Boschetto-Sandoval, Sandra M. Books

About the author: Sandra M. Boschetto-Sandoval is Associate Professor of Spanish Language and Latin American Studies in the Department of Humanities at Michigan Technological University. Her publications reflect her research interests in Latin American cultural studies and Latin American women writers. She is co-editor (with Ciro A. Sandoval) of José María Arguedas: Reconsiderations for Latin American Cultural Studies (Ohio University Press, 1998) and (with Marcia P. McGowan) of Claribel Alegría and Central American Literature: Critical Essays (Ohio University Press, 1994).

Imaginary in the Writing of Latin American Author Amanda Labarca Hubertson (1886-1975): Supplements to a Feminist Critique
2004 0-7734-6395-X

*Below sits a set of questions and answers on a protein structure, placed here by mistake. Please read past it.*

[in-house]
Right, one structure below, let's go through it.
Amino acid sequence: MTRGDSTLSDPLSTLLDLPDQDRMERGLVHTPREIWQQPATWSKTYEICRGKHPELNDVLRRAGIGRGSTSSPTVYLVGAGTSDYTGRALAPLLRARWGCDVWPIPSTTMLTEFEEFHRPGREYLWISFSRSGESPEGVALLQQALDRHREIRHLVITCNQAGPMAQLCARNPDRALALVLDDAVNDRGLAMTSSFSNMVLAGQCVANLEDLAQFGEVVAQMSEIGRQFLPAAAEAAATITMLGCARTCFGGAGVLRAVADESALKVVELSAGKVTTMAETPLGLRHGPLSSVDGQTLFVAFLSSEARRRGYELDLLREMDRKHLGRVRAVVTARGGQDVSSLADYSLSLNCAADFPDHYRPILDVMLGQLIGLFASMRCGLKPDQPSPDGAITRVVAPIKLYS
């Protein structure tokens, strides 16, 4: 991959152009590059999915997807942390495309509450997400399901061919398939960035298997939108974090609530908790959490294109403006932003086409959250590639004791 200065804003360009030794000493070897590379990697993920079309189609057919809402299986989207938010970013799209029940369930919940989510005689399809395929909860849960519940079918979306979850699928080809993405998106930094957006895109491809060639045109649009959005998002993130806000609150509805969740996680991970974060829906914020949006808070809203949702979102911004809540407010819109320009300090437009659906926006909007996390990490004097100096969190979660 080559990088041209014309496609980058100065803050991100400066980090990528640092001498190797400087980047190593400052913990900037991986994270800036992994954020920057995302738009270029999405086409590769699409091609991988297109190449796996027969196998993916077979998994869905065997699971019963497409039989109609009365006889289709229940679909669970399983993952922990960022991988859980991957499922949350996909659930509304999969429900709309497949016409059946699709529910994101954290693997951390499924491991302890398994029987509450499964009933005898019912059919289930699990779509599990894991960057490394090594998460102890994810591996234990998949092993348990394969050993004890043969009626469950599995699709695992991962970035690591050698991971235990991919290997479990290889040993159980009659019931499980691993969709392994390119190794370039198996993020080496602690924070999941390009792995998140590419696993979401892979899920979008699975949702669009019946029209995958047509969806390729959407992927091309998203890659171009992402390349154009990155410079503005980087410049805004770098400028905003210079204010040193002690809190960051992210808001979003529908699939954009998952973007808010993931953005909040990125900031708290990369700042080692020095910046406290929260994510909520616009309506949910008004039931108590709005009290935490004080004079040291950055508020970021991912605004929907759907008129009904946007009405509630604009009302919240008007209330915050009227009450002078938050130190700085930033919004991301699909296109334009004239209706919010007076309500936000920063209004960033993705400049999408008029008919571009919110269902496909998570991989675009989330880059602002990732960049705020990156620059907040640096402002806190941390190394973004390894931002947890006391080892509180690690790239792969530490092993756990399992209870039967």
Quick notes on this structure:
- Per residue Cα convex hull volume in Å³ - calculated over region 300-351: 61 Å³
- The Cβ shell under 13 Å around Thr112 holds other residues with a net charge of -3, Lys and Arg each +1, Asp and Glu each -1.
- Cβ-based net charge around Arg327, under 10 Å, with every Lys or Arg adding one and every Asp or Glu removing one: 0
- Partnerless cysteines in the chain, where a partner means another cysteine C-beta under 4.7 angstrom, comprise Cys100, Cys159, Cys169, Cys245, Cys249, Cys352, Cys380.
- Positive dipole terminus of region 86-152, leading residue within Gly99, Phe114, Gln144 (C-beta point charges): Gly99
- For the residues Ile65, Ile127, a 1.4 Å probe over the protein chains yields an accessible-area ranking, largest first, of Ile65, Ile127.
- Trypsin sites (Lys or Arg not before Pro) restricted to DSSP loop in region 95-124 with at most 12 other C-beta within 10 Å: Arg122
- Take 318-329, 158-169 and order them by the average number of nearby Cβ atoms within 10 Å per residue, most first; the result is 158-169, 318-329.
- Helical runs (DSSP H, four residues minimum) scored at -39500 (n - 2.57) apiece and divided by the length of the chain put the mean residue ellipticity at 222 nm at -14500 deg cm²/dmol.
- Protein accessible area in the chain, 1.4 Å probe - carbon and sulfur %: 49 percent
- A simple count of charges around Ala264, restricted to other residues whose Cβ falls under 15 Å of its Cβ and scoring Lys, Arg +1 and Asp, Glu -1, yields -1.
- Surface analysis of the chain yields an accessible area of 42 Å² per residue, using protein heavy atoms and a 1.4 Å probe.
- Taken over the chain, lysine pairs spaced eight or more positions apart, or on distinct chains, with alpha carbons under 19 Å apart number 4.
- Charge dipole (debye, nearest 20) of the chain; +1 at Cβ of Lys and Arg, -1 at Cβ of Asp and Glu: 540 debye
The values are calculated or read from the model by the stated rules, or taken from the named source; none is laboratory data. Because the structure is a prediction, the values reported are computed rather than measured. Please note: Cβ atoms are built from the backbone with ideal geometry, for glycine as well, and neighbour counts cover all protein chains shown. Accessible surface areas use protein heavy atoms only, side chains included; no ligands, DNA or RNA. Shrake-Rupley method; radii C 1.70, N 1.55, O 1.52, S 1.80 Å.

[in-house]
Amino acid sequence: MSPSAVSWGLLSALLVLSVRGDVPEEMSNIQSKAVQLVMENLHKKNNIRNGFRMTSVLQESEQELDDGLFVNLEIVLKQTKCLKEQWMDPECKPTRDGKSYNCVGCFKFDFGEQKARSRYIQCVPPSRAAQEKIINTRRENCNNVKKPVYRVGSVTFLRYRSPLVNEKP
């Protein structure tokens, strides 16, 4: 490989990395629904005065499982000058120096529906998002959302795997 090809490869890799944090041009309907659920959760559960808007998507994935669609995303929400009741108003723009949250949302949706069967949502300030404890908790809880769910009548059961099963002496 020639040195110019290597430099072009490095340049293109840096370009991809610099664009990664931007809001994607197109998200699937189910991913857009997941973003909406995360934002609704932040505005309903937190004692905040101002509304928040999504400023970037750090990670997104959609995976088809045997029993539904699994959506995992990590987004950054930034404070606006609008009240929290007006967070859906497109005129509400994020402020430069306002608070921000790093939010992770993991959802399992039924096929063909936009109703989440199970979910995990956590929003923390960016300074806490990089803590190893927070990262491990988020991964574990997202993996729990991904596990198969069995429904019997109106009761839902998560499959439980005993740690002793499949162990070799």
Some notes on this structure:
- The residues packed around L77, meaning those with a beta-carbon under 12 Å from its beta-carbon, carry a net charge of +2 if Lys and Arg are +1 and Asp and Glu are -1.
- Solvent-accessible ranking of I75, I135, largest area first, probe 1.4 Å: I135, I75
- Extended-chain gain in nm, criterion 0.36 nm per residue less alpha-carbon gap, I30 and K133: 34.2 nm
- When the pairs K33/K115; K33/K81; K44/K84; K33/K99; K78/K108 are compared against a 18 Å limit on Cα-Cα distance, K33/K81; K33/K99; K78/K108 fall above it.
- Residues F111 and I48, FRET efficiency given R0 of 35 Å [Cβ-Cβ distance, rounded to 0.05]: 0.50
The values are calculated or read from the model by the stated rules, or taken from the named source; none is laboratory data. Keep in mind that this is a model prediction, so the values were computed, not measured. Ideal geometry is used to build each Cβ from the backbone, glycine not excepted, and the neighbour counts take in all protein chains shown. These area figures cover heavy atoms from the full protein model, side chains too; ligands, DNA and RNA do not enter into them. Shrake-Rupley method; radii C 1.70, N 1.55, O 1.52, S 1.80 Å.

This thematic study is the only in-depth investigation into the fictional and testimonial literature of Amanda Labarca Hubertson, Chilean educator, reformer, and promoter of women’s rights. These imaginary writings include such little-known works as her semi-autobiographical novel, En tierras extrañas (1915), the short novel, La lámpara maravillosa (1921), the collection of short stories entitled “Cuentos a mi señor,” the testimonial Meditaciones and Meditaciones breves (1928-1931), and the “marginal” journal fragments, Desvelos en el alba (1945). A preliminary chapter also addresses the controversy surrounding her published literary thesis, La novela castellana de hoi [sic, 1906]. The study corrects some interpretive errors regarding earlier scholarship on Labarca’s perceived feminist writings by examining the sexual (gendered) complexities that imprint themselves in Labarca’s fictional work and literary criticism. While she may be criticized for omitting any materialist analysis of power, in her literature Labarca attempted to effect change in the social order by pointing out its contradictions. Paradoxically, a close reading of Labarca’s dangerously contradictory and yet amorous inner landscape recovers not only her desire to feminize patriarchal culture. It also uncovers a “more true self” struggling between “dispersion and continuity,” as she claimed throughout her extensive life and career.